“The play itself has delightful moments, blending philosophy, humour, and storytelling. It immerses the audience in beautiful visuals and offers a variety of emotional elements.”
Finn Caldwell and the Art of Puppetry
One of the incredible elements of this production is the use of puppetry to bring Richard Parker, the imposing Bengal tiger, to life.
Finn Caldwell, the puppet movement director and co-designer, sheds light on the decision to employ this medium and its impact on the storytelling.
Explaining their choice, Finn shares, “We contemplated other possibilities, such as having one person in a suit representing the animal.
“You get the blank canvas of the stage, and the possibilities are endless. However, once Max Webster, the director, and I joined the project, the concept evolved.
“I can’t imagine it any other way now. The puppetry adds an element of unpredictability and creates an eerie and extraordinary atmosphere.”
Finn further elaborates, “Puppetry works really well for talking about a story where you’re talking about making up stories.
“It adds that layer of ‘make-believe,’ which is a metaphor for Pi. You’re not quite sure if he’s telling the truth, and it leaves you to make up your mind about proceedings. Is it real or not?”
Finn emphasises the immense physicality exhibited by the actors in portraying their characters.
He said: “I’m a big believer in what Brecht said, that Theatre should be like football.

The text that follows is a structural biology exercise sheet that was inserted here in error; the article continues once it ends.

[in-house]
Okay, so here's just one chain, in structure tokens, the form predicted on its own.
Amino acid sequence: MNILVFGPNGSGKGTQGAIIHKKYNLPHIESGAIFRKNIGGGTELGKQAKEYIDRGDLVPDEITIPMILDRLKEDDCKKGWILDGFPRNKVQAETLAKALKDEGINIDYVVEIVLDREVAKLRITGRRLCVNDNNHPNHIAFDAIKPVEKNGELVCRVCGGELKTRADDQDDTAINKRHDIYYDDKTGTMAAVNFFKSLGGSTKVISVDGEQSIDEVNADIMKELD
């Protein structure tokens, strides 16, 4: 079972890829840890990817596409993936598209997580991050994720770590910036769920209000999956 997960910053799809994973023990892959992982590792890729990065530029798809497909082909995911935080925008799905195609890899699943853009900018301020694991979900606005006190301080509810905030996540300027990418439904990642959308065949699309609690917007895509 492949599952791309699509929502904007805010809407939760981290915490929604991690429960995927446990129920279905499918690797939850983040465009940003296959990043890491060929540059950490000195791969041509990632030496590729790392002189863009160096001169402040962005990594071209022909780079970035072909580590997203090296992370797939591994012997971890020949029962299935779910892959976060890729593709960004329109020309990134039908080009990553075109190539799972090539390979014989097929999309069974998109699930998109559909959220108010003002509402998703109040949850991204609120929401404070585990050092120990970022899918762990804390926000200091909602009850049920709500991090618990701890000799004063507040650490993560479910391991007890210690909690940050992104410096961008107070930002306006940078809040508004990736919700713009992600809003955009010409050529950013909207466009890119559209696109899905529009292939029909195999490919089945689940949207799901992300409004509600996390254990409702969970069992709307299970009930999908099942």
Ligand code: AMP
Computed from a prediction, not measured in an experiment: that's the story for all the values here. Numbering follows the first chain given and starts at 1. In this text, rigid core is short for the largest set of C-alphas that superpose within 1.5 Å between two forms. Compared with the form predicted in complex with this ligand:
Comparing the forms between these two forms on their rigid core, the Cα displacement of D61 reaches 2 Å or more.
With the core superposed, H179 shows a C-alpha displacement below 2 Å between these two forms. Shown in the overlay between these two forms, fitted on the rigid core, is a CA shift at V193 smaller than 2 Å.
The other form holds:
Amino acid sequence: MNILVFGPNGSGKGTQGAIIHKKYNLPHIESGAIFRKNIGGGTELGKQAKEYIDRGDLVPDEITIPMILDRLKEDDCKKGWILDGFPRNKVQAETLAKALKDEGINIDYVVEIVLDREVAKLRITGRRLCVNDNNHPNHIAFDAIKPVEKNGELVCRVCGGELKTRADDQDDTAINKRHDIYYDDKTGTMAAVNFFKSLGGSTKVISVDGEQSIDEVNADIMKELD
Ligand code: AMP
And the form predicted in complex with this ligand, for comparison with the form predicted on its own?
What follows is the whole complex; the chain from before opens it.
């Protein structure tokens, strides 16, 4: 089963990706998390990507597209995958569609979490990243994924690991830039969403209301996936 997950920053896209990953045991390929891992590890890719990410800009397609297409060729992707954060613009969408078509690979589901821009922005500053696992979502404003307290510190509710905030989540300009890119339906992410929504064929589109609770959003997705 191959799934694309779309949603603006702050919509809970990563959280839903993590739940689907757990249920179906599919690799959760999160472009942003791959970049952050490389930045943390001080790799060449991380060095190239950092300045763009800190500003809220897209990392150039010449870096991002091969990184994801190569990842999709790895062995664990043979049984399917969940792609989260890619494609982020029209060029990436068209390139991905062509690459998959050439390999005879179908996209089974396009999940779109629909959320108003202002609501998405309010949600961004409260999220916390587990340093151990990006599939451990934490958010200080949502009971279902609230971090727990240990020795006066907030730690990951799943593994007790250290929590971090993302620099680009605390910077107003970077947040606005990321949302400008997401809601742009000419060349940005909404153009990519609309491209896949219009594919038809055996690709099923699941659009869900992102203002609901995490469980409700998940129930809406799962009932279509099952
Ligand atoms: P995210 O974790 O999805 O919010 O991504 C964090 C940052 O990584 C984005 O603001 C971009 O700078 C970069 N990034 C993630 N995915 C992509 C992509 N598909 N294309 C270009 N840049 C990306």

“Although I’m not personally a fan of football, I appreciate the intense passion that people bring to sports.
“The unreserved enthusiasm, energy, and dedication displayed by athletes is something I find truly exciting. In contrast, theatre often tends to be more reserved and polite. I believe we should embrace that same level of passion in our theatrical performances. When I used to perform, I felt that if the entire cast wasn’t a little sweaty by the end, it didn’t feel like we had truly given it our all.
“I wouldn’t really feel like we’d earned our money.
“What I’m trying to convey is that when actors engage in physically demanding actions while portraying emotionally rich stories, something incredibly powerful happens.
“Witnessing the body exert itself and strive to accomplish something physically challenging while conveying an emotional narrative creates a potent and impactful experience.
“You really feel the energy they are putting into things and that draws the audience in.”
Reflecting on the challenges faced during the production, Finn reveals, “The first one was the tiger. We needed to figure out how to make it appear frightening and fast. The second significant challenge arose in the second half when the story takes place at sea. We had to find a solution for that.”
Finn concludes, “To tackle these challenges, we relied heavily on exceptional set design, remarkable video work by Andre Goulding, and the collective commitment to imaginative storytelling. The combination of these elements, along with the presence of both the tiger and the boy engaging in physical theatre, transports us to a different world.”
With its gripping narrative, exceptional performances, and innovative use of puppetry, this adaptation promises an unforgettable journey of survival and imagination.
Life of Pi is on at The Lowry from 5 Dec 2023 – 7 Jan 2024. Book tickets now to witness the remarkable artistry that has enthralled audiences and received acclaim from all corners of the theatre world.